As for the lift tickets, Chuck gets a corner table—the Godfather table— at whatever restaurant now occupies the old spot of The Four Seasons (Chuck at least still knows maîtres-de). Chuck is with his wife Wendy, who apparently has a very flexible schedule and can get away for lunch with her husband at a high-end eatery.

Over at another table, not quite as good a table as Chuck and Wendy have, is the fellow who has the priority ski lift tickets. Given that Chuck's prosecution of the individual resulted in prison time, Chuck is reluctant to approach the fellow in so public a setting. Wendy to the rescue.

Wendy glides over to the table, looking every bit as desirable as can be, and after a brief discussion which Chuck can only see, manages to get the commitment to the ski lift tickets. What did Wendy exchange for it. She smiles. "A session."

Now, since Wendy and Chuck are into a little family S&M, Chuck is a bit baffled by this, but correctly figures it's a psychological session, since Wendy is a well-known life coach for Bobby Axelrod's crew.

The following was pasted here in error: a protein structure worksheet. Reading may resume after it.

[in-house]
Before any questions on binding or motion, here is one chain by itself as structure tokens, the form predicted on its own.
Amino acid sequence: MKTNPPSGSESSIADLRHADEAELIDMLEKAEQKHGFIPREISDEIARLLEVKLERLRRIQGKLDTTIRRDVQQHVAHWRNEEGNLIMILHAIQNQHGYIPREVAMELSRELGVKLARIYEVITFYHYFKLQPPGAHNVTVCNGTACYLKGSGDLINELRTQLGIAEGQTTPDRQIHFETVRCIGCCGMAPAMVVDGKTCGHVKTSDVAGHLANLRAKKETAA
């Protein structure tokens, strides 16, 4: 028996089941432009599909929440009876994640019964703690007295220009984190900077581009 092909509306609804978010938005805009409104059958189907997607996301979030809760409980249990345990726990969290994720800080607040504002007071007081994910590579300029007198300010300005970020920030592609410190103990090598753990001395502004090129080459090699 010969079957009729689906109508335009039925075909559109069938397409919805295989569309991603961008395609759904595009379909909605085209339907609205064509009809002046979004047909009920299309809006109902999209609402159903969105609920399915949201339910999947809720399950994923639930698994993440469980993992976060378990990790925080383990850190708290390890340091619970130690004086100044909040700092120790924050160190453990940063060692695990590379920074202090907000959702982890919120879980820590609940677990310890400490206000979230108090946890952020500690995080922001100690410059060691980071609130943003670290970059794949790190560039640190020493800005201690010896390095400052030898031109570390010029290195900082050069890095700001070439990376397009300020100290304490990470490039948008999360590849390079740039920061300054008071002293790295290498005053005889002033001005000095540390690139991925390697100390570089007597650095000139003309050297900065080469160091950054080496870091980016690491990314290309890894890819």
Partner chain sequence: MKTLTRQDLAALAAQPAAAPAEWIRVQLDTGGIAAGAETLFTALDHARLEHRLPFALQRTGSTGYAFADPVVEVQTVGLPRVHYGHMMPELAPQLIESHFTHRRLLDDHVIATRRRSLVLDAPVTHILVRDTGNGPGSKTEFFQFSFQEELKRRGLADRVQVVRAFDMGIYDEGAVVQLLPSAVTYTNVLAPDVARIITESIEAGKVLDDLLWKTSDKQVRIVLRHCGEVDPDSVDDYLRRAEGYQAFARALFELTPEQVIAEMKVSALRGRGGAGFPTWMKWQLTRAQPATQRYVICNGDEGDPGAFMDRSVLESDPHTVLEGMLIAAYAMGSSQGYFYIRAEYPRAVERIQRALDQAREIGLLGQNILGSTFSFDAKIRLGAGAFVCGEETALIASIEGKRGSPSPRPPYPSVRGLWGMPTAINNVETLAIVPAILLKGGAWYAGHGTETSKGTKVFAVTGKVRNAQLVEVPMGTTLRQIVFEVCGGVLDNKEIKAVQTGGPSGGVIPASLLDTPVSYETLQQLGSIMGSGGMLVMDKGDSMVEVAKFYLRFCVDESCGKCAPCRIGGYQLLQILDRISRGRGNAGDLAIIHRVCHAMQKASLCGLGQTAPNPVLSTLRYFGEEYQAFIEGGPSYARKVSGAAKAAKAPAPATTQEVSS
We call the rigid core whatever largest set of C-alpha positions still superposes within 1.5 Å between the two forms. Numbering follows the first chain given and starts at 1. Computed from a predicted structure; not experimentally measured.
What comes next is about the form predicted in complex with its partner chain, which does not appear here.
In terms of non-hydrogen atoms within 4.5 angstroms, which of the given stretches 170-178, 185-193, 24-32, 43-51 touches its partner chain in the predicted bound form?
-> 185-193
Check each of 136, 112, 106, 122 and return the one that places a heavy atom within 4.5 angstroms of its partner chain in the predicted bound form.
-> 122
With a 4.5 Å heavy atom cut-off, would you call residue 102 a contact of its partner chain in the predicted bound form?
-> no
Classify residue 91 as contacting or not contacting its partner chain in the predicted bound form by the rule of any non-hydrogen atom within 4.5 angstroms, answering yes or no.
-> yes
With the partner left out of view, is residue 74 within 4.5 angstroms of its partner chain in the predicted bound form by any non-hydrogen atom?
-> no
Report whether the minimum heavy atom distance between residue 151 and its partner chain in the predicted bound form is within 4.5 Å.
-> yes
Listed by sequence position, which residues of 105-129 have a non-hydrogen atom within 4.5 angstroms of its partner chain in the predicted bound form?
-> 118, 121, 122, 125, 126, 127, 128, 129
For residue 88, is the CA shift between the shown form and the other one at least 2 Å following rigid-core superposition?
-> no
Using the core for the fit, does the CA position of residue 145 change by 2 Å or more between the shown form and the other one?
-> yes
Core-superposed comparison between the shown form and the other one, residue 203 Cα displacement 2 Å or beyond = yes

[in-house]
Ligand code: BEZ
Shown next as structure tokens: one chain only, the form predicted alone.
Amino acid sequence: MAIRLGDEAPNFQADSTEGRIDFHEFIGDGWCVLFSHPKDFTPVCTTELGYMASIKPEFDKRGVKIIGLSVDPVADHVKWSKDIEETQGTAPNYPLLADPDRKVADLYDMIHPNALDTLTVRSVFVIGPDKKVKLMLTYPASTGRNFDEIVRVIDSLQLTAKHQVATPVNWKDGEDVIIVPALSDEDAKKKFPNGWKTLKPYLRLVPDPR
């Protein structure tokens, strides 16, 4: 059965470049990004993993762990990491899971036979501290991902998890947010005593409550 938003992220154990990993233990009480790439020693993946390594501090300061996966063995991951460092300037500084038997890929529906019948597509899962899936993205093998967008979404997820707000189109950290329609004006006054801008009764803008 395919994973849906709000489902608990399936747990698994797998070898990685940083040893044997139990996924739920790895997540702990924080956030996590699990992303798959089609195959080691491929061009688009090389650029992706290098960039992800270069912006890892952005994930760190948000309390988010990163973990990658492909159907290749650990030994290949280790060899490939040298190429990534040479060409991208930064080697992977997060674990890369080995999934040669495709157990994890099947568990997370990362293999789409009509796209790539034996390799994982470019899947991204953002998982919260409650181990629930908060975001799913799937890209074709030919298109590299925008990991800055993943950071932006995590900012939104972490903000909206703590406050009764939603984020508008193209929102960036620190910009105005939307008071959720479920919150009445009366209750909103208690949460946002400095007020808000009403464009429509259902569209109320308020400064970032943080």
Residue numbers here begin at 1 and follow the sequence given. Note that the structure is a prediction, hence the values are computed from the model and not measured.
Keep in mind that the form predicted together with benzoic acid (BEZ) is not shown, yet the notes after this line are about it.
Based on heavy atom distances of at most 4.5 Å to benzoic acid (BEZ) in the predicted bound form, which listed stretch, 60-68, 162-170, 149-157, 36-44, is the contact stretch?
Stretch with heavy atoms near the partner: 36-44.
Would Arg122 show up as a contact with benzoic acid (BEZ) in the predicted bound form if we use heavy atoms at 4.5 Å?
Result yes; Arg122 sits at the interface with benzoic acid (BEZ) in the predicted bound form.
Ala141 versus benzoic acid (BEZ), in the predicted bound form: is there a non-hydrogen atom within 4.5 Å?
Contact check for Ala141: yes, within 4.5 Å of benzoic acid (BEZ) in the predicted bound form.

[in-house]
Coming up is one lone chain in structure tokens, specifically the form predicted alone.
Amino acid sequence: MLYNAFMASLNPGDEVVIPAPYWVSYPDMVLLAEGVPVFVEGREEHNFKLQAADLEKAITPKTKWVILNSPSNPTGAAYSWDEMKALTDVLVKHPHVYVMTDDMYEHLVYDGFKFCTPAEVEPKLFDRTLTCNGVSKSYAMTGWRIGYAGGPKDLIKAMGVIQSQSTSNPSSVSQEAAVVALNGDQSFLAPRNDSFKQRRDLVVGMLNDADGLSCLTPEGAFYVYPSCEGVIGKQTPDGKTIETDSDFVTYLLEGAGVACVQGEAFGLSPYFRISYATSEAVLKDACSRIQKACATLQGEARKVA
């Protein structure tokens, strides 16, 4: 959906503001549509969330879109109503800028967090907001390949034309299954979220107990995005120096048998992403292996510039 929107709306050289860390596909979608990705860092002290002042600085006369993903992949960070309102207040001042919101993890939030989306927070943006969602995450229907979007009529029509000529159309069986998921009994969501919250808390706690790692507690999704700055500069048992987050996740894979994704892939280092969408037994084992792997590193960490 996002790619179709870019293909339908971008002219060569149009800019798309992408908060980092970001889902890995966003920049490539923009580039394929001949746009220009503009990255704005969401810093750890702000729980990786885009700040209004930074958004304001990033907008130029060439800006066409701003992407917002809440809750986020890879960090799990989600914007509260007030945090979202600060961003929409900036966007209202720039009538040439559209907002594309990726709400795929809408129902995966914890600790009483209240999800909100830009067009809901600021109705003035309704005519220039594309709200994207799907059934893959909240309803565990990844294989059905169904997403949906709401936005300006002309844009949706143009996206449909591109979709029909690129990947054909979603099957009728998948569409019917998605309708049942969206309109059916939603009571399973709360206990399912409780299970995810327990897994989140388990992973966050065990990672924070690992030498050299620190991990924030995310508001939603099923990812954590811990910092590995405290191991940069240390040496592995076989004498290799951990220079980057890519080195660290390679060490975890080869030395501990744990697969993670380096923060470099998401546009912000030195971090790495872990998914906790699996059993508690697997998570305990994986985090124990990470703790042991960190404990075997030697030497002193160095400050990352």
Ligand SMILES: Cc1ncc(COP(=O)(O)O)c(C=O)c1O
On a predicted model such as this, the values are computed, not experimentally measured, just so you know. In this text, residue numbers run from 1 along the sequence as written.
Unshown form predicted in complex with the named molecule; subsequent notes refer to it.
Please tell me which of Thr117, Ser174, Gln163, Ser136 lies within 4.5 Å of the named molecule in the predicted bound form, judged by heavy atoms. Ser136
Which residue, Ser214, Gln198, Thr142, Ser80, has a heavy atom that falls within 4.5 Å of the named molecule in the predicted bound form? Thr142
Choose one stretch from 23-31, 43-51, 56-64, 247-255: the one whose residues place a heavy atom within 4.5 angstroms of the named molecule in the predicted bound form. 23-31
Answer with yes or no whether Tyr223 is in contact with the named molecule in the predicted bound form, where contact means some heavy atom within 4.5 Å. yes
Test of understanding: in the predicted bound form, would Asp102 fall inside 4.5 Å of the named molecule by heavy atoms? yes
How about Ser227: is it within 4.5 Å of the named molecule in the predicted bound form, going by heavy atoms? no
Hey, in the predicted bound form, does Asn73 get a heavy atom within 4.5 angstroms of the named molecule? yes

The dam is burst. Chuck can now bestow the lift tickets to the guy who has the Central Synagogue tickets for the guy who can get Chuck to the guy who will introduce him to the Ambassador. Chuck's day is getting better.

By now it's boozing time in Manhattan, and chuck meets to guy who should be able to arrange an introduction to the Ambassador, but he's currently pissed off at the city for committing a stretch of block in from of his apartment to CitiBank's bike rack program. They've glommed up several legal spots and now is stuck where to park his chariot.